I had the first interview with a recruiter and before meeting the team there is a mandatory coding test at Hackerrank which consists of a database query language and a scripting language.

I mentioned specifically that I only encountered the scripting language 5 years ago during my studies and it is not my strong side. She said it's fine and she will let the team know.

I know I will fail the scripting part if I do it right away. Shall try and hastily "learn it" (I have about 1-2 evenings to do it) or send a remember when I've done the test?

This is my first time using Hackerrank also, during the interview we discussed that maybe I could use the language I have been using for several years, she said that would probably be fine. But I guess it's not possible in Hackerrank. Shall I maybe try and solve it locally and send in the results?

  • 1
    Does the recruiter actually work for the company? Aug 25, 2021 at 15:20
  • @GregoryCurrie Yes. Joe Strazzere it was on my resume, but also listed as "basic knowledge".
    – MLEN
    Aug 25, 2021 at 17:10
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    "Basic knowledge" should mean "able to read and understand 90% of code written in the language and able to write code that does not involve more advanced concepts" for both sides, not just the one trying to evaluate the candidate... For whatever reasons "basic knowledge" in CV means "I've seen my friend mentioning the name of the language/library" and "expert knowledge" in CV means "I got a book on it... in one of the unopened boxes since the last move". :( Aug 25, 2021 at 19:09
  • Since you mentioned basic knowledge try to learn it up to that level if you want the job. Even if you don't get the job you would still have some knowledge for the next interview. Overall, if you don't have other offer a little bit of effort would not harm you.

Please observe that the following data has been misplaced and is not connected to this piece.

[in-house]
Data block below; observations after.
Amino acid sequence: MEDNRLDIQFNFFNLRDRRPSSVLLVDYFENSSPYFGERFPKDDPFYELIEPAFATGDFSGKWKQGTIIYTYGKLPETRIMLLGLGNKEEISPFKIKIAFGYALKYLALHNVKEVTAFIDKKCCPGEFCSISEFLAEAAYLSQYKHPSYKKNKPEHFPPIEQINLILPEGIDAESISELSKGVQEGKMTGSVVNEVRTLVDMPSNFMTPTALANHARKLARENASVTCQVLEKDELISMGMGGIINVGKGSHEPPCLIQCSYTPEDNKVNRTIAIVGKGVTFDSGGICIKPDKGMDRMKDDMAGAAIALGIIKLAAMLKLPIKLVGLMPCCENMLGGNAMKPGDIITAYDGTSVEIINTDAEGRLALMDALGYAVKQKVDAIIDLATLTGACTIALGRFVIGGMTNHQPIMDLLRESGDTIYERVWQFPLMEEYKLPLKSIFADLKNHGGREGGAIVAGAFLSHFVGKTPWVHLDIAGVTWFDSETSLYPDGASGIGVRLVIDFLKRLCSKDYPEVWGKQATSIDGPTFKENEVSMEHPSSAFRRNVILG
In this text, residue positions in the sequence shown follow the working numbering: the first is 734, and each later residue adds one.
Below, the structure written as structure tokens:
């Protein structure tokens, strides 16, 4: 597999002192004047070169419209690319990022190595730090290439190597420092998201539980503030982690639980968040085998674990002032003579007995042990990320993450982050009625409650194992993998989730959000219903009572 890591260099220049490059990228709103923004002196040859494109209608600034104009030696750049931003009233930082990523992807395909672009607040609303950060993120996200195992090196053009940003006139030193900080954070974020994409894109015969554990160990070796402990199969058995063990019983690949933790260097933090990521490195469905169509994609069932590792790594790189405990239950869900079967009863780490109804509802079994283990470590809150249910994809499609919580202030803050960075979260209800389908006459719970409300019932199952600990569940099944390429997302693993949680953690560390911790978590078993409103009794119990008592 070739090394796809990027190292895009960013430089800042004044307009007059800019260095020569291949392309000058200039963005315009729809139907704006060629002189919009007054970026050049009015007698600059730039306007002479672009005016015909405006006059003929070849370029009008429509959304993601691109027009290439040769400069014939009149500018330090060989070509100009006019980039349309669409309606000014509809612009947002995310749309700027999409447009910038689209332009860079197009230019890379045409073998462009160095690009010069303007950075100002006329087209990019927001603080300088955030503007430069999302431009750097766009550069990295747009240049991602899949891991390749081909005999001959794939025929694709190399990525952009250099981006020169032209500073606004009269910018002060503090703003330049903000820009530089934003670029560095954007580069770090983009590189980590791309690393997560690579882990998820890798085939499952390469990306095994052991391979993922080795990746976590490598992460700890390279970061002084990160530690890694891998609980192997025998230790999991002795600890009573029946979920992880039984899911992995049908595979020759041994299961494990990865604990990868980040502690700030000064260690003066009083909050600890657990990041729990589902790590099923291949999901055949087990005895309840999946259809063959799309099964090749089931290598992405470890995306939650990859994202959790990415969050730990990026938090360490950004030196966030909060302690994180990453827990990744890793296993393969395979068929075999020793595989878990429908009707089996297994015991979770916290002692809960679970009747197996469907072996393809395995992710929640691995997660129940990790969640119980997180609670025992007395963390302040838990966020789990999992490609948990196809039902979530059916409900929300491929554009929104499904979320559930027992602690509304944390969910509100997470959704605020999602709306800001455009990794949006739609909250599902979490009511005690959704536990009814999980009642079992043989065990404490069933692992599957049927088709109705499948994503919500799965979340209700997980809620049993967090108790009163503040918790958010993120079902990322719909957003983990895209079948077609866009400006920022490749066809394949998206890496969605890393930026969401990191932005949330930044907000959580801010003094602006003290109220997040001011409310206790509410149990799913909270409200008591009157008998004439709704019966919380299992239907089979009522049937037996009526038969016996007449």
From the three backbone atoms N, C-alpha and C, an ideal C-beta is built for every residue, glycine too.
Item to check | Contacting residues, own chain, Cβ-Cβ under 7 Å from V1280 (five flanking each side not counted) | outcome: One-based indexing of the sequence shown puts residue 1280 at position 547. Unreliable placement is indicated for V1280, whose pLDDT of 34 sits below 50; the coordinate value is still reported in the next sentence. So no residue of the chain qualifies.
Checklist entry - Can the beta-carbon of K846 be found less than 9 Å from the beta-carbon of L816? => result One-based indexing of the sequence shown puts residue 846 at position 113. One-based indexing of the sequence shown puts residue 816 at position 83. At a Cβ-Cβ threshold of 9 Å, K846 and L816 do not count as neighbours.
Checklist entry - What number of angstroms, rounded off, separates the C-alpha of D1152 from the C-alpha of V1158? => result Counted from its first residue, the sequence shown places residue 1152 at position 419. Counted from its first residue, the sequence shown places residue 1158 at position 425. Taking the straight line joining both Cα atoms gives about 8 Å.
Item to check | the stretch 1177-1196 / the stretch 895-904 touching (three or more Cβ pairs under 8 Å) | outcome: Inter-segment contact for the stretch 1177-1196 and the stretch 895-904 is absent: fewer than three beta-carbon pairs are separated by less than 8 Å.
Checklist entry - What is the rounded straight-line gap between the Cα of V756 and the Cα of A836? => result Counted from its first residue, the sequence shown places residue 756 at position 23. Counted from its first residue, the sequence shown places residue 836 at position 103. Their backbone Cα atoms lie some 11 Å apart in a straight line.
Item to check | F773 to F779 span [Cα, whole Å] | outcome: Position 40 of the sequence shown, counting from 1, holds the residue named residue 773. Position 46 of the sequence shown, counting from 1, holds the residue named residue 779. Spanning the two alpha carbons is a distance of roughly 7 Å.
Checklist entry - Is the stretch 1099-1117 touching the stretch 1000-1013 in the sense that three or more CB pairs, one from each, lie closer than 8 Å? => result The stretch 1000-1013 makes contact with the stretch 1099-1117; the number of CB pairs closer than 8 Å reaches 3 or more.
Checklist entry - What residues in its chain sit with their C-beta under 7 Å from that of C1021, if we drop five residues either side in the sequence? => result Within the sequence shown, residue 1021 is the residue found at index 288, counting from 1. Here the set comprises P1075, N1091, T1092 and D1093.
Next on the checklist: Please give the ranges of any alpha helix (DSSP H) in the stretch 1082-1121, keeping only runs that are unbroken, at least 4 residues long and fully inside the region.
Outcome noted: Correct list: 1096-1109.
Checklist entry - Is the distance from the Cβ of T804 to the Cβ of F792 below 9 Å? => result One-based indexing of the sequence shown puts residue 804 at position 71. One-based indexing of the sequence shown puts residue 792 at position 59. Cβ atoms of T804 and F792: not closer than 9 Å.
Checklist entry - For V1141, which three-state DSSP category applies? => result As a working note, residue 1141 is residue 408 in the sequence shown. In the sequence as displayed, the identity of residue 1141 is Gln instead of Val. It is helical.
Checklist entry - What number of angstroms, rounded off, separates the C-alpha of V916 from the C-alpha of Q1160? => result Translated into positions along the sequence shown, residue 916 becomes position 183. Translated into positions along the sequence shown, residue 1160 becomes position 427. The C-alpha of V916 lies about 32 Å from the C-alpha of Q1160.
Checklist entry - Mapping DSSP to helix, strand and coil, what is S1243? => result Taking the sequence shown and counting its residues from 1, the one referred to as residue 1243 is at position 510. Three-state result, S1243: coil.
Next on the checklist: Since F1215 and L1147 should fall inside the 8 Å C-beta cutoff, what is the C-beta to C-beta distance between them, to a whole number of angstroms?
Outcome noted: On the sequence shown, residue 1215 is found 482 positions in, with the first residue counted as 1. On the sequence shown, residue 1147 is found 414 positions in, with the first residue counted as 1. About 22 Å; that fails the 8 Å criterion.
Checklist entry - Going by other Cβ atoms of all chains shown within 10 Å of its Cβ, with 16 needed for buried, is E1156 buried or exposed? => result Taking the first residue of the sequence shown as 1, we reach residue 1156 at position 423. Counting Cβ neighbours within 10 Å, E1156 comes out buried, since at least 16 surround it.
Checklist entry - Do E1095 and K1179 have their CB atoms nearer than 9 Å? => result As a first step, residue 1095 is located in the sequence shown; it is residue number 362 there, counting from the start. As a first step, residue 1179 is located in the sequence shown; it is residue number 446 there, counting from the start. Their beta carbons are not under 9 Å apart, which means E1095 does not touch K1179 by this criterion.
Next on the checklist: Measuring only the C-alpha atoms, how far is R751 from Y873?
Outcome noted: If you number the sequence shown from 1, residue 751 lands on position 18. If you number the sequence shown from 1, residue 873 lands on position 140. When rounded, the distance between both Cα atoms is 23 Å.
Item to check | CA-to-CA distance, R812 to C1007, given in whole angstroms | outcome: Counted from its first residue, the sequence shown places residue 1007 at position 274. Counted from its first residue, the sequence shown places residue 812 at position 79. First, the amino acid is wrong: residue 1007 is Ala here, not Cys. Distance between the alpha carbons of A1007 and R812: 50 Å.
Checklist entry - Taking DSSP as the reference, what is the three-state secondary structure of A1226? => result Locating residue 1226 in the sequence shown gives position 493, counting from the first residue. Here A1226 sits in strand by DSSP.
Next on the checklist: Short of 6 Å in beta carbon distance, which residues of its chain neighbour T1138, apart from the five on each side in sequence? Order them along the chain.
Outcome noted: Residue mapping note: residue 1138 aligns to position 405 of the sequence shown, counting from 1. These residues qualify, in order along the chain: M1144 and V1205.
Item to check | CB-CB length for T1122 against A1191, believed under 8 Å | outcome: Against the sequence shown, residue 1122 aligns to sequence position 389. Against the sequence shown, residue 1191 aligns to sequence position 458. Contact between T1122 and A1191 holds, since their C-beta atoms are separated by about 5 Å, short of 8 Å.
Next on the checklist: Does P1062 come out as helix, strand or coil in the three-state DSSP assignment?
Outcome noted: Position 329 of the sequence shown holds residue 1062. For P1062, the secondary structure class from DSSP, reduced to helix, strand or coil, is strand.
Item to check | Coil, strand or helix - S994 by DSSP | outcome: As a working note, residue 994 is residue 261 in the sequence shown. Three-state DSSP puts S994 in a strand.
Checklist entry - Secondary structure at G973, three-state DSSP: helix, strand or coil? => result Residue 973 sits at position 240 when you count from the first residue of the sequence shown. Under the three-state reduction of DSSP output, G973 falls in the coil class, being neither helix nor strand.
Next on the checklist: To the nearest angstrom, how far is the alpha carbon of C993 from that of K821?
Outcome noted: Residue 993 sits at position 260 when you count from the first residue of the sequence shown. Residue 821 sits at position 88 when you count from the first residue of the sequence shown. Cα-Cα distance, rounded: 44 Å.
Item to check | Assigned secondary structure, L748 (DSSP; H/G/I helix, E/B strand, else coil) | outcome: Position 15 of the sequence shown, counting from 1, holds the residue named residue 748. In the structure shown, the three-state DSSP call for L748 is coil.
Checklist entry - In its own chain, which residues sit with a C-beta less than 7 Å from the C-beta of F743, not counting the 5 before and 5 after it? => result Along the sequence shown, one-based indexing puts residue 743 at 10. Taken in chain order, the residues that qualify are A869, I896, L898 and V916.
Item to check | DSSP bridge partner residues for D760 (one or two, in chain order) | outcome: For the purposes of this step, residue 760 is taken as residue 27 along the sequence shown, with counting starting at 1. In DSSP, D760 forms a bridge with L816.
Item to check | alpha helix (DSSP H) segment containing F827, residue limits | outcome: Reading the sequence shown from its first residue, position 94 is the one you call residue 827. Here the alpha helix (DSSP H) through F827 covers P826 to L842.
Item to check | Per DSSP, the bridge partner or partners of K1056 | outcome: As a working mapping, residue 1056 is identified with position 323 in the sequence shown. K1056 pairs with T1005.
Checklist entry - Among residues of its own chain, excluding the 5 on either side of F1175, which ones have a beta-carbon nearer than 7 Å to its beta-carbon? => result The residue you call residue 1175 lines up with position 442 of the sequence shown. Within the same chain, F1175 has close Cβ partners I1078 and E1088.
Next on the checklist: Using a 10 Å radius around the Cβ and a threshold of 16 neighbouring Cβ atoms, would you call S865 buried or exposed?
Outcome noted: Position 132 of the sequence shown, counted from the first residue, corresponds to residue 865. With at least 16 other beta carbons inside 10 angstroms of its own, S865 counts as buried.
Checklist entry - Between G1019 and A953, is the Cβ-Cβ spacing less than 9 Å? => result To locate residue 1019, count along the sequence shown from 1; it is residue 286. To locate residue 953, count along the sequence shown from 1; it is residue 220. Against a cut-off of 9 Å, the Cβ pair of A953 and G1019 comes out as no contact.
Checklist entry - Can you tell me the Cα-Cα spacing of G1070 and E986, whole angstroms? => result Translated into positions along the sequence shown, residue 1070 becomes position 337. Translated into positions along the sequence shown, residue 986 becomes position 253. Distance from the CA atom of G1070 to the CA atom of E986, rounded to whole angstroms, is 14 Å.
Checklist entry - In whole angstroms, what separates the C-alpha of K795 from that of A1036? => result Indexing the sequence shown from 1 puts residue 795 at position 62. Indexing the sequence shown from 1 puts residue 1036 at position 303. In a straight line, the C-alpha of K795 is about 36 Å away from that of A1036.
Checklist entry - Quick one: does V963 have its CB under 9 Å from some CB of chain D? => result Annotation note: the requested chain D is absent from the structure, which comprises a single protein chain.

– rs.29
    Aug 25, 2021 at 19:24
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    As a programmer you should only list programming languages that you will be able to answer interview questions and eventually actually use. As a programmer myself, it sounds like you should remove this particular language of your resume, unless you are proficient enough in it to solve basic problems relatively easily.
    – Donald
    Aug 26, 2021 at 3:59

3 Answers 3


With Hackerrank, assessors can actually see you type in code in real-time (and replay after the test is finished). Even if you are not able to complete the task, they can still see the thought process behind what you're doing, even if you have to lookup function names. Or bumble your way through the solution.

I would personally spend a couple of nights becoming a little proficient. All you are trying to do is give them enough so that you can score an interview. Even if you fail the test, a little extra knowledge won't hurt you.

You should also certainly also chunk a comment in the code indicating that you don't really know the language. The assessor may be inclined to look more at how you approach the problem rather than technical deficiencies if you manage their expectations.


When I review candidate's tests, I consider it a very bad sign if a candidate doesn't even attempt a solution and blame it on not knowing the language. But that's because the company I work for needs people who are willing to -- with an open mind -- go into uncharted territory and see what happens. (We even considered having a part of the test be reviewing Fortran code or something else candidates are very unlikely to have real world experience with, just to see how they approach novelty.)